So many times I come across buyers who initially describe their home search criteria as acreage in the mountainous areas of the county ( Scotts Valley, Happy Valley, Bonny Doon, the San Lorenzo Valley, etc). I believe there are a couple reasons for this, one being many people just want an opportunity to have a slice of the pie here in Santa Cruz County, it’s one of a kind. The other, is the idea of lustrous acreage to call your own is in itself romantic, almost a “calling”, however there are things to consider when thinking of moving to the glorious mountain side.
1) Commute Time
Typically when I am showing new acreage seeking clients this is the first thing that will come up. With acreage comes s-p-a-c-e and -d-i-s-t-a-n-c-e. If you are not comfortable being 10 to 20 ( to 30-40) minutes away from the nearest store, perhaps a mountain property isn’t right for you right now. Consider the drive that would be made every day ( sometimes multiple times.) When I first moved to the mountains I realized very quickly that if you forgot something at the store by the time you got home, it usually isn’t worth the drive back.
Guess what!? Things are done differently out here in the land! Septic tanks, wells, and propane are all common place. These utilities are incredibly important and even more vital to investigate up front. These are fundamentally important to the property, and therefore must be functioning properly, and in addition you should have a some-what clear understanding of the length of life left in these systems.
For example: How about maintenance? Is your propane tank leased or owned? Does it have an auto-fill service set up? What is running on propane in the home? How many GPM does the well produce? Is the well shared, and is there a written agreement regarding maintenance and usage? Has there been a recent bacteria test? Is there a well pump, is it functioning? Is there a water softener or filter set up? Who services that? Has the septic been serviced recently, and has it been regularly serviced in the past? Has there been issues in the past? How old is the system? Is there any grey water system set up to limit the pressure on the tank? In the future if it fails, what are the options? Would it require an engineered system which is a much greater cost?
That being said, wells and septics don’t need to be intimidating, they are actually pretty self sufficient. However, it is incredibly important to make sure that they are functioning and you know how to property diagnose if something is going wrong in order to fix it.
How many exits are there? Seriously. A lot of these properties have long, windy, and narrow roads that lead to them. You should be comfortable driving them in all weather conditions, and know your options should there be a fire or an emergency.
With acreage, again, comes space and privacy. You are going to want to investigate what services are available in the location you would like to move to. Is there cell service, or effective boosters available? Is there an internet service that supplies the area? If you work from home, or stream videos over the internet as your source of entertainment these things will be very important to you.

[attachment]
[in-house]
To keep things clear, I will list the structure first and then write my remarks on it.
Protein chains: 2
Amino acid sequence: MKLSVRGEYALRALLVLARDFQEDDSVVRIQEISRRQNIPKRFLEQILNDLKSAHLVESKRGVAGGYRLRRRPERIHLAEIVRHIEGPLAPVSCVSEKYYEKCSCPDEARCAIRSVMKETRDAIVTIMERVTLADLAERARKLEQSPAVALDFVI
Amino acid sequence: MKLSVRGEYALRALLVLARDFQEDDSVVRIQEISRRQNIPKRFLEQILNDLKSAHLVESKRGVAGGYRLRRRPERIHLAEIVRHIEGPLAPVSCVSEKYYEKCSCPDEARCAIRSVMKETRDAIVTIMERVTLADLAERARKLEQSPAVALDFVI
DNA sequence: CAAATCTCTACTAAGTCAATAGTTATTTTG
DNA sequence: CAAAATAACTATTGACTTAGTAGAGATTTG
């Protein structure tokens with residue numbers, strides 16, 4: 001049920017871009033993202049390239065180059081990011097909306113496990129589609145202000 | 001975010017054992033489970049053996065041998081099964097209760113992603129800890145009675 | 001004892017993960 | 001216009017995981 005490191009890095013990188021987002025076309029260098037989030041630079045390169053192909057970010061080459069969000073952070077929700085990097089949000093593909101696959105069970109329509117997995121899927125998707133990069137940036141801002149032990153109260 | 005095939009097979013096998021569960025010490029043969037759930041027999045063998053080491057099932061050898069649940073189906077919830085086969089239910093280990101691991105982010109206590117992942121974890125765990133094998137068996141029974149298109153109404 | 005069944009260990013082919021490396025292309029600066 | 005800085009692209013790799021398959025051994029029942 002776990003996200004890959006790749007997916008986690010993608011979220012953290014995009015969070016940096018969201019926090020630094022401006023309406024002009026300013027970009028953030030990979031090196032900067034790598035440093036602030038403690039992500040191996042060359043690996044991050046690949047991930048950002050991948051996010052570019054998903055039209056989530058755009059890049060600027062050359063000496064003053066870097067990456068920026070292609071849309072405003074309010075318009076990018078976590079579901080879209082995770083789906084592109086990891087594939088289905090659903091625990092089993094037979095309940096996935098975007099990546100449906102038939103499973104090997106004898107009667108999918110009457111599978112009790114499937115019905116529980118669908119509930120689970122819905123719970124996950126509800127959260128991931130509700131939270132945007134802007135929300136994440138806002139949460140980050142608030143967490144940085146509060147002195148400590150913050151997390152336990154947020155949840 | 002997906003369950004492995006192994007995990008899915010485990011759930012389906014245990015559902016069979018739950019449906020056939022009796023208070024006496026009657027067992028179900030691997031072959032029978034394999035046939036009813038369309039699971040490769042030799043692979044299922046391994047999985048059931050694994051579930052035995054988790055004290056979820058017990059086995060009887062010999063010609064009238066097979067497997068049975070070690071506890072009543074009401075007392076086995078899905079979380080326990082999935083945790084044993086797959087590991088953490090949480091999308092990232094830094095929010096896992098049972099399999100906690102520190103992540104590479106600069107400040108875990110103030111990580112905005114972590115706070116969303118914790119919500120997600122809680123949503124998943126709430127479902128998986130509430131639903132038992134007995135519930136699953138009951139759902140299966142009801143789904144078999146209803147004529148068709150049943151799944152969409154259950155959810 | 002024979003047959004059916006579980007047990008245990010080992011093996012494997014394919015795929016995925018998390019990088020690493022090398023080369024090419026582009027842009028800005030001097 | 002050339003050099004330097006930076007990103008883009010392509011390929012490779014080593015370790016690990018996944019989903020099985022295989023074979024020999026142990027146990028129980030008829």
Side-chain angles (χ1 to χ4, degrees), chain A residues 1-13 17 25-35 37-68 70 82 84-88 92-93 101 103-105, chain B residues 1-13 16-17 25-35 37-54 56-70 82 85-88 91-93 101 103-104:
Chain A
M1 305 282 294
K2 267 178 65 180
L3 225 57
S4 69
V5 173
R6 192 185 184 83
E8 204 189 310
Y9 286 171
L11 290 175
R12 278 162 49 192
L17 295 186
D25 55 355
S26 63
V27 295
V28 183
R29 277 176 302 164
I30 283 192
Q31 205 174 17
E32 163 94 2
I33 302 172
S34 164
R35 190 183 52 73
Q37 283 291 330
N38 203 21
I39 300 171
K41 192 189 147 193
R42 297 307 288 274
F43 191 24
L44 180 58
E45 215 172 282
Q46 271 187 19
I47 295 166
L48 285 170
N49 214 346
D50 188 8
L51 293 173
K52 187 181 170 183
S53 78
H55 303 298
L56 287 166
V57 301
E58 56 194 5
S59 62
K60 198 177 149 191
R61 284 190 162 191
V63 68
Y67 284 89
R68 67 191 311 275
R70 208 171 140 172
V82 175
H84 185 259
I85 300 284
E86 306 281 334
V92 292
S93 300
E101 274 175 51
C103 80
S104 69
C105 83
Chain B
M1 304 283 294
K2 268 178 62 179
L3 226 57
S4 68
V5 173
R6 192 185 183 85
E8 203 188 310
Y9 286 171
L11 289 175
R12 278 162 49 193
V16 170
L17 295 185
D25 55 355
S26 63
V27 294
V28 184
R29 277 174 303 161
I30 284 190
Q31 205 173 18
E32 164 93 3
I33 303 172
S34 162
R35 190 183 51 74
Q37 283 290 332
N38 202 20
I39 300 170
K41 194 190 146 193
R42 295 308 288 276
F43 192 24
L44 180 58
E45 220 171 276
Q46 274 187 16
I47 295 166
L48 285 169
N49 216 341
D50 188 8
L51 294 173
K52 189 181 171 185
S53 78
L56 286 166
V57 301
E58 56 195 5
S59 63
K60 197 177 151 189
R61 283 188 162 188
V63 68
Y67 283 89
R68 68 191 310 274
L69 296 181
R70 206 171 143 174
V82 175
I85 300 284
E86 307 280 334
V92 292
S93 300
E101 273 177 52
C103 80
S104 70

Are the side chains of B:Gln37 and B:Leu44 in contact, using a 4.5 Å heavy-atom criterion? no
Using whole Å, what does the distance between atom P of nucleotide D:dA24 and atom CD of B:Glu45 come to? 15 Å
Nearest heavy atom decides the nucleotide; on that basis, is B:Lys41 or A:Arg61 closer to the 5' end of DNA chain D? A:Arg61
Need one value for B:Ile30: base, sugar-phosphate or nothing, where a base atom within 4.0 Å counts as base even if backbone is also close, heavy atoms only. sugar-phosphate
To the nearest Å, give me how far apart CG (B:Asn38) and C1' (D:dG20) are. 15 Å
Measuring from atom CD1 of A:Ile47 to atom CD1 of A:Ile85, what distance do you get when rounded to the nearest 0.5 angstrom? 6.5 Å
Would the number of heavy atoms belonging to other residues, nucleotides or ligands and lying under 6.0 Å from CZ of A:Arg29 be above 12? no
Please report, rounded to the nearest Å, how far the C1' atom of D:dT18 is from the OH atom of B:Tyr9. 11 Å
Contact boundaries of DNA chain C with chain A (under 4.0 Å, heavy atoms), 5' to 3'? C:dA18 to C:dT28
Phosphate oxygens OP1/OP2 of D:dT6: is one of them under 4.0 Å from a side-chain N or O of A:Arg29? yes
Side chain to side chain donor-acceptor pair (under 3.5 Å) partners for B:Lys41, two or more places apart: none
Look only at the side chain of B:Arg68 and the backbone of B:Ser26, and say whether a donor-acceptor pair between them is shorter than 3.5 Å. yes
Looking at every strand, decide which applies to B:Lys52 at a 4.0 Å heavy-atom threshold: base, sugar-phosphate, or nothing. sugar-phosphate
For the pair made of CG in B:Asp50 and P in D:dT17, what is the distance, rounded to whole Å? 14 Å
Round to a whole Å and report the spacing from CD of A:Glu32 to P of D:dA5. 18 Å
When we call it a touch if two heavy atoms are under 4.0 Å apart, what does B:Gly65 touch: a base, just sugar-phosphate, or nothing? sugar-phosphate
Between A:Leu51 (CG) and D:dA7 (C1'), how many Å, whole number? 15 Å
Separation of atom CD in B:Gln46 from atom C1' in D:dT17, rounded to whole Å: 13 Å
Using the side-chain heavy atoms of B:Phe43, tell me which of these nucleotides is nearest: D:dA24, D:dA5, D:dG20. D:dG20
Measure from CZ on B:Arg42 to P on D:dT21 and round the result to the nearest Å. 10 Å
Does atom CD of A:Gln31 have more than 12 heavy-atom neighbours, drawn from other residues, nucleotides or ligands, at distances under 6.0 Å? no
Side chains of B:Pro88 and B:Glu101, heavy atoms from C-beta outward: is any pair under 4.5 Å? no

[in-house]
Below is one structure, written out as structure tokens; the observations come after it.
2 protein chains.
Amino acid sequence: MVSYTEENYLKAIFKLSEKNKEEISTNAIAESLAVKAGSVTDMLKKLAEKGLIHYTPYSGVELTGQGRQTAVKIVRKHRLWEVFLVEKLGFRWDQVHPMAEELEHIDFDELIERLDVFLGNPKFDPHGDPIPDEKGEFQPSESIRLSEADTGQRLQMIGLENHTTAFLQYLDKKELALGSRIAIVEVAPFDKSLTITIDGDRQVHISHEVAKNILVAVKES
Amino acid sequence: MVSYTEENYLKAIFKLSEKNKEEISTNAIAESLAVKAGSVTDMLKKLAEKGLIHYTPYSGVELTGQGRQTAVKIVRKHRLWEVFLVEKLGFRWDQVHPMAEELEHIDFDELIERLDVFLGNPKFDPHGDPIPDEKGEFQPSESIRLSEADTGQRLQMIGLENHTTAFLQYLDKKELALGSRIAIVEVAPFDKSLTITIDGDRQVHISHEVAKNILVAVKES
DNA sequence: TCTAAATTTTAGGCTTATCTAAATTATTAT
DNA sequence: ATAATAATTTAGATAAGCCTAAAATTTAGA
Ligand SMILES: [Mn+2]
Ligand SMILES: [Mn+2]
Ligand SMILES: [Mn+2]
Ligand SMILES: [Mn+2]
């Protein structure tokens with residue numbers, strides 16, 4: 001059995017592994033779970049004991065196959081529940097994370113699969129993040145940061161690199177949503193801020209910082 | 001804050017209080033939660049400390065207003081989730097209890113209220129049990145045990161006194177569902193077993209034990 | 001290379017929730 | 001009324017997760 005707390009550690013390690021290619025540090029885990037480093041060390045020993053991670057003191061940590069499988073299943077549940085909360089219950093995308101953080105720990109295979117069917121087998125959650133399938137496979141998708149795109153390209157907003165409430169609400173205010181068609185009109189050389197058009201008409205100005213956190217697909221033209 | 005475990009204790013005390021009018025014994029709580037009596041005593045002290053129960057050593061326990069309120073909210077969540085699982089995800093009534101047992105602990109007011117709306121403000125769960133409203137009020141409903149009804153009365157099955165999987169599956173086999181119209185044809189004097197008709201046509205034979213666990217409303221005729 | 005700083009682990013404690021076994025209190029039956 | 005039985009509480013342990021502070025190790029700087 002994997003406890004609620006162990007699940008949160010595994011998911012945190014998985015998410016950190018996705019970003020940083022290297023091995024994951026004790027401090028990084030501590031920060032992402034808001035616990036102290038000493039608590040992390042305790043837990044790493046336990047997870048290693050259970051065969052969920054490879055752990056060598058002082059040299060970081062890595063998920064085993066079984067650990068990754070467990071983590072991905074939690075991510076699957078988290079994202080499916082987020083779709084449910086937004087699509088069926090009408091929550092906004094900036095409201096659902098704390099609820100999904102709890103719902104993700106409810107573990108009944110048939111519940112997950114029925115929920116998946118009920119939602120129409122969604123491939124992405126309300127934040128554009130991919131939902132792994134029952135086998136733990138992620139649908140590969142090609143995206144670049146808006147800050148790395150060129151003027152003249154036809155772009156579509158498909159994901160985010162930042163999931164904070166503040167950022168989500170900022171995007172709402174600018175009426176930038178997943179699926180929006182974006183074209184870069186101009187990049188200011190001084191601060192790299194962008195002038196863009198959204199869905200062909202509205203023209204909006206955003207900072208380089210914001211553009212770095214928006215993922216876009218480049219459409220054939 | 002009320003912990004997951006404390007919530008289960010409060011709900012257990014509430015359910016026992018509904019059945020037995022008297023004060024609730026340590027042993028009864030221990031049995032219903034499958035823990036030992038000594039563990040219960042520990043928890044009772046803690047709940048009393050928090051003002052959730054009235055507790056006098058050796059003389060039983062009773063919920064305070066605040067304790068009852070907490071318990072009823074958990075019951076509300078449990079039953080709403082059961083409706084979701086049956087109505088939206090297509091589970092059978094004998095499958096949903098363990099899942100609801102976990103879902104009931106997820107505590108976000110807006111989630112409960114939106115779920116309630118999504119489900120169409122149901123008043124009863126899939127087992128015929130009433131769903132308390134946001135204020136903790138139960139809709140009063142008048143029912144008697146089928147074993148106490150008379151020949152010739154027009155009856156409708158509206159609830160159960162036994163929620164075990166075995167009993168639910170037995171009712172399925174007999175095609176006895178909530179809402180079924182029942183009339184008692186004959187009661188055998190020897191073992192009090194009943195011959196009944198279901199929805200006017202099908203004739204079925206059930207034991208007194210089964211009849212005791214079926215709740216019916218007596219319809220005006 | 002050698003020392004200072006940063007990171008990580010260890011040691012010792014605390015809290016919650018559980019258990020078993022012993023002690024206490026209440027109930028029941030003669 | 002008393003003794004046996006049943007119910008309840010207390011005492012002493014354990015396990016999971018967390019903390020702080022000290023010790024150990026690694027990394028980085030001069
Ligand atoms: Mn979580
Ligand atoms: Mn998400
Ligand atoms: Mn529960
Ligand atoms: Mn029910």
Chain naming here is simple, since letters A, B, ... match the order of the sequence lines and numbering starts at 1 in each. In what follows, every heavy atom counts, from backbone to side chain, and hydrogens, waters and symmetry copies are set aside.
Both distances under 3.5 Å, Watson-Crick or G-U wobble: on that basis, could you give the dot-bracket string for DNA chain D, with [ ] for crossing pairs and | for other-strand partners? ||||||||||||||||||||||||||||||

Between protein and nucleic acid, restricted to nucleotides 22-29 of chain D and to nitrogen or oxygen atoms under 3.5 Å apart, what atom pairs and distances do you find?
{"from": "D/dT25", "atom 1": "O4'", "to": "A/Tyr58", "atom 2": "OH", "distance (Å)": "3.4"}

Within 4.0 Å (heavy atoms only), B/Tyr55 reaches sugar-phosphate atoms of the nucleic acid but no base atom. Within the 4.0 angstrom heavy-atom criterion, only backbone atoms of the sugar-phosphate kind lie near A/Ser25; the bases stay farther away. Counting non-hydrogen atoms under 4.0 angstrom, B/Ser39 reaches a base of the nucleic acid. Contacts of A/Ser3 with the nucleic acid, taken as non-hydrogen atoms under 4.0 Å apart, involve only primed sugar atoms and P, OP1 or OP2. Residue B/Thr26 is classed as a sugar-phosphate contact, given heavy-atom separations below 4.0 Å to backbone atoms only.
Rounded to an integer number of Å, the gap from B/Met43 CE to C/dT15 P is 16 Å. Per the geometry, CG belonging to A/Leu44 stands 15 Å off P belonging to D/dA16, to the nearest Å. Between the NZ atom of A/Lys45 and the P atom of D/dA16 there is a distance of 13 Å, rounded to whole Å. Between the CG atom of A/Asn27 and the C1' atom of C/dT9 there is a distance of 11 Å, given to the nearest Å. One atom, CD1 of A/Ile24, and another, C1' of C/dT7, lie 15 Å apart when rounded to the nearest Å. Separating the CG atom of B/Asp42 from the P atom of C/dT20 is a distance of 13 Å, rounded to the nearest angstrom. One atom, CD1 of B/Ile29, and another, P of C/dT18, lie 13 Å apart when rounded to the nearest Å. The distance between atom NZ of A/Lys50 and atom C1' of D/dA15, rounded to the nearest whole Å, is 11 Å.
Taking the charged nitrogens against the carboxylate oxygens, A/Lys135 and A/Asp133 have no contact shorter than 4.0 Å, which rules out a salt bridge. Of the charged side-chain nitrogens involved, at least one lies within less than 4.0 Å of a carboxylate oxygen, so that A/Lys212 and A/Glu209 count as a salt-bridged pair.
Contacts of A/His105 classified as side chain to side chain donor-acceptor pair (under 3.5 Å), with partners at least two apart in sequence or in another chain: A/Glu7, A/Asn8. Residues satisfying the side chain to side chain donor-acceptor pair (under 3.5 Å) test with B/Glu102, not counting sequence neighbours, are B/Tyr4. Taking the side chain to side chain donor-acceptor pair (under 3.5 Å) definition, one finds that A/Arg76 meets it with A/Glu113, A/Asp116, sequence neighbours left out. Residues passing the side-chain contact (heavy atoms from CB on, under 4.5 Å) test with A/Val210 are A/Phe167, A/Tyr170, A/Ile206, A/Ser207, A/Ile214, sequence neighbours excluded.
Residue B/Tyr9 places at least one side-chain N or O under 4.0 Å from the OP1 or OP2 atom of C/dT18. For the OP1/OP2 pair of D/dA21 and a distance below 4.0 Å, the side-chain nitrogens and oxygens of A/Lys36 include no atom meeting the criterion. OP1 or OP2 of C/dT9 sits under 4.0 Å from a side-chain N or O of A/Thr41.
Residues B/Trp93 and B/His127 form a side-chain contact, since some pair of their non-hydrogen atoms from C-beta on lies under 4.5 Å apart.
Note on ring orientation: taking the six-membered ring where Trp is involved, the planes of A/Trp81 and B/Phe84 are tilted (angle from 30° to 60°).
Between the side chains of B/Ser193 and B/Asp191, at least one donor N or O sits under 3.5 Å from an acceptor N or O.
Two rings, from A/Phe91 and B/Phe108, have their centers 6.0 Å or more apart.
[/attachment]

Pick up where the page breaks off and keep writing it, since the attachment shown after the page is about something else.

So, you have found this beautiful piece of land that connects you to your roots, now how to take care of it? Besides the mandatory utility maintenance, how about the overall upkeep of this much land?
Is the property completely level or does it vary? You are going to want to make sure you have the drainage figured out before a big storm comes. Unregulated water drainage and runoff can undermine structures, damage the landscaping, create mudslides, etc; the water can flow like you have never seen. Test the drains to make sure they work, it’s a surprise you don’t want to find in the middle of a storm. Trust me, get this looked at.
When it rains, it pours, and power outages happen. When you are home from work in a storm, haven’t made dinner yet and the power goes out, you are not going to be a happy camper. Setting up a generator can be a huge lifesaver in these situations. When looking to by a mountain property find out if they already have a set up.
If you are planning to grow vegetables – is it fenced or protected from predators? Trust me, deer can jump HIGH and will find food wherever it is. You can invest a lot of money into the diets of deer ( I am an excellent real life example of this)
How about that roof? In the mountains, there are trees – those trees tend to drop things. Make sure your roof has life in it and is functioning. If you let a roof deteriorate it is going to be a big cost down the line. Not only in the fixing of the actual roof, but also the potential damage to the property and items below. Simply cleaning out your gutters as well as cleaning off fallen leaves can greatly help the length of life.
Mountain life is really something else. You get freedom, peace and adventure. Just know that requires responsibility and respect, being close with nature also requires your attention to it. Take time to consider if these responsibilities are things you want in the long run. If you have that locked in, you are good to go.